by Mitchell Kirk
Logansport city officials are taking a second look at the rate study that pushed them toward finding a new power source, questioning whether the costs were represented fairly or forecasted accurately.
City Utility Service Board members addressed the author of a financial study done last November to assess Logansport Municipal Utilities’ energy needs at its meeting Tuesday.
LMU and city officials say the motivation behind their pursuit of a waste-to-energy power plant comes from the impending multi-million-dollar upgrades that would be necessary in order to continue buying electricity from its current supplier, Duke Energy, or buying electricity wholesale, as well as future fees that will be imposed on coal-powered plants by the Environmental Protection Agency.
Last November, financial consulting firm Crowe Horwath LLP assessed the alternatives LMU was considering to fill its energy needs based on a report prepared by engineering consulting firm Lutz, Daily & Brain, LLC. The alternatives include redevelopments to LMU’s system like installing new combustion turbines and re-powering existing boilers to handle natural gas. The Crowe Horwath report concludes that each alternative would result in up to a 95 percent increase in utility rates.
Because of the large increase in rates, city officials opted to pursue a developer to invest in building a power plant powered by refuse-derived fuel. City Council voted in favor of entering into negotiations with energy consulting firm Pyrolyzer LLC to develop the plant at its March 4 meeting.
The Crowe Horwath study has been contested recently with the concern that it may have front-loaded many of the costs that should have been spread out over time, leading to the large utility rate increases.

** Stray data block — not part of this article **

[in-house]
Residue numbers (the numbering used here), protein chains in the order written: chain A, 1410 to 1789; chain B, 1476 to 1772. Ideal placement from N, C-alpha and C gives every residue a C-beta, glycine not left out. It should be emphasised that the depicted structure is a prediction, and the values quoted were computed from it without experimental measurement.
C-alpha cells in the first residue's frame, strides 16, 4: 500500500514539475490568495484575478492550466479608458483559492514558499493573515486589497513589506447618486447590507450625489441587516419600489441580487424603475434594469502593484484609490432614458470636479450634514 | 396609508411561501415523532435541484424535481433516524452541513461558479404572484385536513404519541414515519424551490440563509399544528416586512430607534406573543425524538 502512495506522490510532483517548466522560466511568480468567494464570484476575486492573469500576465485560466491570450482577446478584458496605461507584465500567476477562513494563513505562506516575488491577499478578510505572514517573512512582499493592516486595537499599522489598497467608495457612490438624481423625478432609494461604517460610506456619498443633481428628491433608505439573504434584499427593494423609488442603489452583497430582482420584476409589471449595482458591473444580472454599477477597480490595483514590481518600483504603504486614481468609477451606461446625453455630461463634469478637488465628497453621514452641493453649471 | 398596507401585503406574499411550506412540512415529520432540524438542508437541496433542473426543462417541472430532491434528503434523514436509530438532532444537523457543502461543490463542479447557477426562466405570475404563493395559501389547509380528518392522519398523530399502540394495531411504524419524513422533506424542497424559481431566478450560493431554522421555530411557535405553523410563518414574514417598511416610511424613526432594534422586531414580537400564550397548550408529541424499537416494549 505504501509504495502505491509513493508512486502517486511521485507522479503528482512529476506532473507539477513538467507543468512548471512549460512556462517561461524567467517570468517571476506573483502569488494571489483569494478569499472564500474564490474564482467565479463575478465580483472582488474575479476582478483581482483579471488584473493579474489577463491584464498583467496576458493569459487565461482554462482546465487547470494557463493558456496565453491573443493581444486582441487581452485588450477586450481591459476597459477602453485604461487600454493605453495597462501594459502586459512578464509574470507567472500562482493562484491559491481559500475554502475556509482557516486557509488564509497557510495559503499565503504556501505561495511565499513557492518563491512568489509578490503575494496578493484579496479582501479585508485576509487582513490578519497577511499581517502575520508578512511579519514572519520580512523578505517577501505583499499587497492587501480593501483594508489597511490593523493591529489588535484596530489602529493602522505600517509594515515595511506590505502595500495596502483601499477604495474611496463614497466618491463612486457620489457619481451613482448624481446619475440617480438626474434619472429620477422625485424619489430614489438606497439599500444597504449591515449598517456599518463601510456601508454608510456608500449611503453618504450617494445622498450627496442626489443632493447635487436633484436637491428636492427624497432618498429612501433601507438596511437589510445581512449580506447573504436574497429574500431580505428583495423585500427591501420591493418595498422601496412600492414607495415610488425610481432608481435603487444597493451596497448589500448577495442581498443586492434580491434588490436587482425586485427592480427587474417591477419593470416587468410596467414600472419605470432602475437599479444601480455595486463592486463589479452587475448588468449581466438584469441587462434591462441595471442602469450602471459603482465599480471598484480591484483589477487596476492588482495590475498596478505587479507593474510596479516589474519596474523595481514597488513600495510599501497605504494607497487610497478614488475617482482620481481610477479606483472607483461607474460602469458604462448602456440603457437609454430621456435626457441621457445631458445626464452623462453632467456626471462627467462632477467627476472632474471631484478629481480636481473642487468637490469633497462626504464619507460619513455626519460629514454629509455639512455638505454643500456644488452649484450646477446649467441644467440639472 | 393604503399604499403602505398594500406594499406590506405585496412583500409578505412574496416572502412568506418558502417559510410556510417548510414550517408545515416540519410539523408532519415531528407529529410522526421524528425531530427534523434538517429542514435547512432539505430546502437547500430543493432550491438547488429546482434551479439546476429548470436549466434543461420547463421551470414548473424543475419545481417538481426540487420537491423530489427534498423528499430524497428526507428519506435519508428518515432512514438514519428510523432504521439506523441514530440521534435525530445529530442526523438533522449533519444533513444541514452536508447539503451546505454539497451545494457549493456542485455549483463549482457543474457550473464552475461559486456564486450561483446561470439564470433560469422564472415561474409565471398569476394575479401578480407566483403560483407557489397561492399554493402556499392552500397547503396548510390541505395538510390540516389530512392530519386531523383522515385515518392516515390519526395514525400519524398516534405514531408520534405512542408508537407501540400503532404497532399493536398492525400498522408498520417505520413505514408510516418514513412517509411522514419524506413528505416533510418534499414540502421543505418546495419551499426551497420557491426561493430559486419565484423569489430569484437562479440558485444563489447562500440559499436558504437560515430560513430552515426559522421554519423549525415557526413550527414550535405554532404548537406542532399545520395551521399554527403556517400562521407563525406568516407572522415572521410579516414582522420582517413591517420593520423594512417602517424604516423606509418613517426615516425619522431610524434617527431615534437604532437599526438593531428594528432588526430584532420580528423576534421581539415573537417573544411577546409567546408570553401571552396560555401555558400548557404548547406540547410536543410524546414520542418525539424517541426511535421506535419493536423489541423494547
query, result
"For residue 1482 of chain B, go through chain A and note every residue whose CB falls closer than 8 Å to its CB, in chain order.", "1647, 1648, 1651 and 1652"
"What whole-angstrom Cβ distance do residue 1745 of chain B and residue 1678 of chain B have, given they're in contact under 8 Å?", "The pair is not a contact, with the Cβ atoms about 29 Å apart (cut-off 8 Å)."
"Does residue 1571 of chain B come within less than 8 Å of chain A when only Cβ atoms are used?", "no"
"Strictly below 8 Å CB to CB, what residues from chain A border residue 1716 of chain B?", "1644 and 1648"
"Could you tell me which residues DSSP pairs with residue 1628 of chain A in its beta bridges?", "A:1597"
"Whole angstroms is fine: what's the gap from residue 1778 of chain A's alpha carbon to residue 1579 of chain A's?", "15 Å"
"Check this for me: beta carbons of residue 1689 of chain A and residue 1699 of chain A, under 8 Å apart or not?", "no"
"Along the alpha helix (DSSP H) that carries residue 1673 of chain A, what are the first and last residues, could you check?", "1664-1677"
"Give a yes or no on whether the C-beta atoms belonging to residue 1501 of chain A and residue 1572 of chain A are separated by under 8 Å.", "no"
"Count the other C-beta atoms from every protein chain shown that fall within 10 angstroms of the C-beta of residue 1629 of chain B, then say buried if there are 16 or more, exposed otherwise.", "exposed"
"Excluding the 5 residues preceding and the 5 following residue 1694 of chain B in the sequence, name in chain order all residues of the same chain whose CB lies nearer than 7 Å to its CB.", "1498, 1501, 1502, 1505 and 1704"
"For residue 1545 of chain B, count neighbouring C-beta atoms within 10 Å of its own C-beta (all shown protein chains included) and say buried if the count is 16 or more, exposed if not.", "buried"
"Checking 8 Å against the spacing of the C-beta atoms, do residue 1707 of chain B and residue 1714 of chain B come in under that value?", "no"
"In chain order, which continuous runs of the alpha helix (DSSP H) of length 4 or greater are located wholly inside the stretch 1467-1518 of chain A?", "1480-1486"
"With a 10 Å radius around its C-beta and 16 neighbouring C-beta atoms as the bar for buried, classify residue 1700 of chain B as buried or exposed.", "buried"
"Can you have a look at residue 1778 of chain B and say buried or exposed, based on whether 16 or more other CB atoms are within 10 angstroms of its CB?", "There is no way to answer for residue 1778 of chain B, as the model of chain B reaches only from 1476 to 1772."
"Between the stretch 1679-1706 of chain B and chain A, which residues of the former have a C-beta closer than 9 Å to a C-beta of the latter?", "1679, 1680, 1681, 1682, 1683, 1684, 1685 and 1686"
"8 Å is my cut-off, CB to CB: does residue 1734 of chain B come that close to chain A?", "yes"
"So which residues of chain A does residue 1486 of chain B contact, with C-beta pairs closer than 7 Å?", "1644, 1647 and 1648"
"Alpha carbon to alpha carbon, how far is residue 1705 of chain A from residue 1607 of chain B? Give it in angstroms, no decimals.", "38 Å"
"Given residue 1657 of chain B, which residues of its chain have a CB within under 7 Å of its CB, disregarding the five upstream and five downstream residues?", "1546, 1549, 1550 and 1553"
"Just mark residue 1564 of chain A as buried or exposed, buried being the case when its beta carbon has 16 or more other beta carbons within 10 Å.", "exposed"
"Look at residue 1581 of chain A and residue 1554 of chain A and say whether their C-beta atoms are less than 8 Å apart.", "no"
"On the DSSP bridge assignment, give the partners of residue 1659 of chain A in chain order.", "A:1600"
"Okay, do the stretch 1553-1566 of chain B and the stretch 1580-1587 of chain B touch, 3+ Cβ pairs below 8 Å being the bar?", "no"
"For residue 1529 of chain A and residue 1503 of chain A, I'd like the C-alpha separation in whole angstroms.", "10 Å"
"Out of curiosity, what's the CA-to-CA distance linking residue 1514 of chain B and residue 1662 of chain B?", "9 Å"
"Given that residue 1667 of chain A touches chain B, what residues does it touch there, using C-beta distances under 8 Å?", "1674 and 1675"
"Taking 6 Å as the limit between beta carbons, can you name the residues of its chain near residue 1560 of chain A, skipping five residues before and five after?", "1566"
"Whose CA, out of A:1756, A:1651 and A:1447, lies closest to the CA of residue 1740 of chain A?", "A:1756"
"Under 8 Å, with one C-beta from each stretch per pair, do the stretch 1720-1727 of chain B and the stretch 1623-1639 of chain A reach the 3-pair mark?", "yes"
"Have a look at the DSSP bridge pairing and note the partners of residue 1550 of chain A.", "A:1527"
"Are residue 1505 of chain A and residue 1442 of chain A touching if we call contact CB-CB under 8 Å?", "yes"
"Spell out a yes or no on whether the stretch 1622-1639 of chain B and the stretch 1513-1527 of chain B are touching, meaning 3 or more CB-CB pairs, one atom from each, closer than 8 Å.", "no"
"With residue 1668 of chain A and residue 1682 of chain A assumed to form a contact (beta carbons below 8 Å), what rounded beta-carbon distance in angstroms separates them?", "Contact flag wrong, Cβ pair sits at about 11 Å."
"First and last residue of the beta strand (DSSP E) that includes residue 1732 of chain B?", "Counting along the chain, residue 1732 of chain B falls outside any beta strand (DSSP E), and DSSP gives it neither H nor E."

For instance, for an alternative pertaining to performing the necessary upgrades to LMU’s system to keep buying energy from Duke, the engineering report prepared by Lutz, Daily & Brain states the upgrade would cost about $14.25 million, while the financial report prepared by Crowe Horwath adds costs to come up with a total of about $38.7 million, leading to up to a 95 percent increase in rates.
When this point was brought up at Tuesday’s Utility Service Board meeting, John Skomp, a consultant with Crowe Horwath, said the motive was to compare alternatives at “full build-out.”
“We wanted to see when the full alternative was completed, what rates would be,” Skomp said, adding that he could have assessed it year-by-year, but felt it more important to assess a broader idea of what rates would be required to support the alternative.
Utility Service Board Chairman John Davis referred to the alternative in the reports pertaining to switching LMU’s system over to natural gas, which showed an increase in the price for natural gas over time.
“When it jumps up in those future years, one of the assertions that’s been thrown out there several times is that the cost that’s being estimated for purchasing natural gas has been inflated,” Davis said.
Skomp agreed this was a concern of his as well while conducting the Crowe Horwath study, but reminded Utility Service Board members that the figures pertaining to natural gas inflation came from the Lutz, Daily & Brain report, which the board accepted. He added having Lutz, Daily & Brain go into further detail on these figures would have required an additional cost and said he had no reason to think they were inaccurate.
Davis also said at the meeting that he is planning on inviting representatives from the Midwest Independent Transmission System Operator, Inc., the Indiana Municipal Power Agency, the Wabash Valley Power Association and Duke Energy to meet with Utility Service Board members to explore further alternatives for LMU if Pyrolyzer’s proposal doesn’t come to fruition.
Mitchell Kirk is a staff reporter at the Pharos-Tribune. He can be reached at 574-732-5130 or firstname.lastname@example.org.